ICSID rejects BSGR’s motion in battle over Simandou iron ore project in Guinea
The International Centre for Settlement of Investment Disputes rejected a motion introduced by BSG Resources to throw out a final report that ruled out the existence of forged signatures in documents pertaining the Simandou iron ore project in Guinea.
The information was made public by The Wall Street Journal, whose journalists had access to a procedural order.
BSGR, the mining arm of billionaire Beny Steinmetz’s businesses, is caught up in legal disputes in relation to the vast iron ore mine, which is said to hold over 2 billion tonnes of high-grade iron ore, one of the largest untapped resource bodies in the world. At full production, the concession would export up to 100 million tonnes per year.
The case around it goes back to 2014, after Guinea revoked both Vale (NYSE:VALE) and BSGR rights over Simandou, following a government probe that concluded they obtained their licenses through corruption.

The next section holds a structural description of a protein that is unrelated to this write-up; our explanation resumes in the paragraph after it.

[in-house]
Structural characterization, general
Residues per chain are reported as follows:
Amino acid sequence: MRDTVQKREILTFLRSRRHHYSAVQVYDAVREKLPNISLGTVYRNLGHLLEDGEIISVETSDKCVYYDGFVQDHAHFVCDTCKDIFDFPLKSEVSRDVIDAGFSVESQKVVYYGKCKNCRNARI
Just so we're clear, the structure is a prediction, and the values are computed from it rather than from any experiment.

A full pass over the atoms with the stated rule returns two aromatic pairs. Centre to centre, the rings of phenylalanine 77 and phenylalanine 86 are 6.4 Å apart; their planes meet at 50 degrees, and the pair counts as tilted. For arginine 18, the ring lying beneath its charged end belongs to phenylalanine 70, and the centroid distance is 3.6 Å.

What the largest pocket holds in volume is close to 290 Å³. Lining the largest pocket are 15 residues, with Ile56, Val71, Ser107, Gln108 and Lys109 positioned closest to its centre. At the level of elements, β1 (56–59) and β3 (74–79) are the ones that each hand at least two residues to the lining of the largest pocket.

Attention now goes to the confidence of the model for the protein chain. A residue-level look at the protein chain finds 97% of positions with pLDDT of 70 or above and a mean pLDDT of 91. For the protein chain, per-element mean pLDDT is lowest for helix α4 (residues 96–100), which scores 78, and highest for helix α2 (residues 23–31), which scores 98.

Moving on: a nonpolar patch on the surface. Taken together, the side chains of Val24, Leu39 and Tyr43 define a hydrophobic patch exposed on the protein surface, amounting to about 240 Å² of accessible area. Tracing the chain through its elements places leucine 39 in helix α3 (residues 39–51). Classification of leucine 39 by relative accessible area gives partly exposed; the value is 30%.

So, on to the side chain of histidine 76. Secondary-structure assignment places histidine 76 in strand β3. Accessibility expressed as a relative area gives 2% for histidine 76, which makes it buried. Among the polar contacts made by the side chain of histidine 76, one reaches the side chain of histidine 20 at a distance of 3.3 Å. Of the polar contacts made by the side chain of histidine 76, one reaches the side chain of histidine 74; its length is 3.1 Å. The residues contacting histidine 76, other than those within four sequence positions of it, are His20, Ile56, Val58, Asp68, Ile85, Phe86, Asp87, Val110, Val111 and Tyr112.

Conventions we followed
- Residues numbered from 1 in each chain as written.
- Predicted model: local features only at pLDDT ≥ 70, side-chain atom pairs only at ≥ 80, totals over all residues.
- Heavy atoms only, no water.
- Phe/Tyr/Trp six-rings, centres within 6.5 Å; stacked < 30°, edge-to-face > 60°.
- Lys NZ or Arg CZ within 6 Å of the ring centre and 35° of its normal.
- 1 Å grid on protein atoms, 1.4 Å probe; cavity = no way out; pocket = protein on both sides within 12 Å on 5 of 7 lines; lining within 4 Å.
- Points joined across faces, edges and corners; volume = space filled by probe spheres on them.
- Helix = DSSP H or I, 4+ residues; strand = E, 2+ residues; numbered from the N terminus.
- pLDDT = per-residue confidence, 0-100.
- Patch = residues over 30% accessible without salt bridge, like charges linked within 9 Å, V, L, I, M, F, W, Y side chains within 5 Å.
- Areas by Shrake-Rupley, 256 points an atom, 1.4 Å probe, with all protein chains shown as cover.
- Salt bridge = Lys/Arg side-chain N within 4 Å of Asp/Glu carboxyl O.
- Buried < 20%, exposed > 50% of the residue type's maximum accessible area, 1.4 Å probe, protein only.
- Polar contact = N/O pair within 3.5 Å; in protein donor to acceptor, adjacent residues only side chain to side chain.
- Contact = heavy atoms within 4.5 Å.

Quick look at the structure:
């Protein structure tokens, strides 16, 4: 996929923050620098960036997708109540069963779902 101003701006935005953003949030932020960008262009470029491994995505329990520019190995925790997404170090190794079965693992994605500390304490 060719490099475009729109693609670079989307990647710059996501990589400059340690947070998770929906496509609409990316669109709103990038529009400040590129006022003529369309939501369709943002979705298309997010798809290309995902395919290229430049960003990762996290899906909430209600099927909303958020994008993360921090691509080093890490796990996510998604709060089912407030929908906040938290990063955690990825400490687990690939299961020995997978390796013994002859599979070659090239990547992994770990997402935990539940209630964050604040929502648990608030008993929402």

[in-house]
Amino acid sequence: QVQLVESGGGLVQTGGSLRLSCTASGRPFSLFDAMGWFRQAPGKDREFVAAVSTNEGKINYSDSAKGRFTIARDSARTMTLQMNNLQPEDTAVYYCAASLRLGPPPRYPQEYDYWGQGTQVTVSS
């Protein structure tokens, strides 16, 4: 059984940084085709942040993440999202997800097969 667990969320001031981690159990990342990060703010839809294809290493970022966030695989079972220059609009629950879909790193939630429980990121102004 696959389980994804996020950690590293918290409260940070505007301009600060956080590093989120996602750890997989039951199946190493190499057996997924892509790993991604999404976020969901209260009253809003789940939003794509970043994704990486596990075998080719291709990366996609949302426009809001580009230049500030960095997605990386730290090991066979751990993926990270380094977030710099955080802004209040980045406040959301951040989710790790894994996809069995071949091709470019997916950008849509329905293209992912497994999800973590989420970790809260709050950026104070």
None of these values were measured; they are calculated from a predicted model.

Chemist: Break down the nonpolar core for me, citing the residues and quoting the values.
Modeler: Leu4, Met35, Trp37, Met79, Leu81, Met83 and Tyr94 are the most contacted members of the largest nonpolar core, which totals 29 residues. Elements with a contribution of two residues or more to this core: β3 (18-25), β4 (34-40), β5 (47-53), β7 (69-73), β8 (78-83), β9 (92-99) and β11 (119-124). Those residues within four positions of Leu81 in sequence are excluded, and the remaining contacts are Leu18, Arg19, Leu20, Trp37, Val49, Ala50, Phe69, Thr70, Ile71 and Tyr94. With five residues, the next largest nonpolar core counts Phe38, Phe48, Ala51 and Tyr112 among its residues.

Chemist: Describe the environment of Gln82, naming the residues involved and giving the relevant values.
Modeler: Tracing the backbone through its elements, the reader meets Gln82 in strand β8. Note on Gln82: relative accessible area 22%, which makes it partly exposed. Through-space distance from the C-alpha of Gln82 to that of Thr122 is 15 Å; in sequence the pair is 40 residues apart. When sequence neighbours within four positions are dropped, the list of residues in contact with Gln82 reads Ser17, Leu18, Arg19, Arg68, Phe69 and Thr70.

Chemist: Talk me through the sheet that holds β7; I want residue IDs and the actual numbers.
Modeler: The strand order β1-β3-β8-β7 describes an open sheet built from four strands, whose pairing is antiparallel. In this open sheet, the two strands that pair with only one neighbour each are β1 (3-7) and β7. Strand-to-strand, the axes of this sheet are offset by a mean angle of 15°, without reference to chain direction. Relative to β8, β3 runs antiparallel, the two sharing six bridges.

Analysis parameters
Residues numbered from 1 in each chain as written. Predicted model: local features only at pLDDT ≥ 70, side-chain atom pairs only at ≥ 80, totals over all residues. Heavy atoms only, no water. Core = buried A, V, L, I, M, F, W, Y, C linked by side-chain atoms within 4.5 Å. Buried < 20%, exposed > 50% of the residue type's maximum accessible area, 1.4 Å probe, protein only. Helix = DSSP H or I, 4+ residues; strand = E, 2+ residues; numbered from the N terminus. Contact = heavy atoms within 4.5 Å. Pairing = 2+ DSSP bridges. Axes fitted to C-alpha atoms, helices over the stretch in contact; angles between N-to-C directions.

Rio Tinto (ASX, LON:RIO), which discovered the deposit and held the rights to mining it in its entirety until 2008, is also involved in related legal actions.
But BSGR alleges that many of the documents Guinea presented to support the government’s corruption allegations were forgeries and that is why the firm was asking for the report to be dismissed. However, the World Bank body did not allow such a motion, did not explain why and did not say when it will issue a final ruling in the case.
According to an expert interviewed by the WSJ, the decision could make it harder for BSGR to rebut allegations that it paid bribes to win concessions.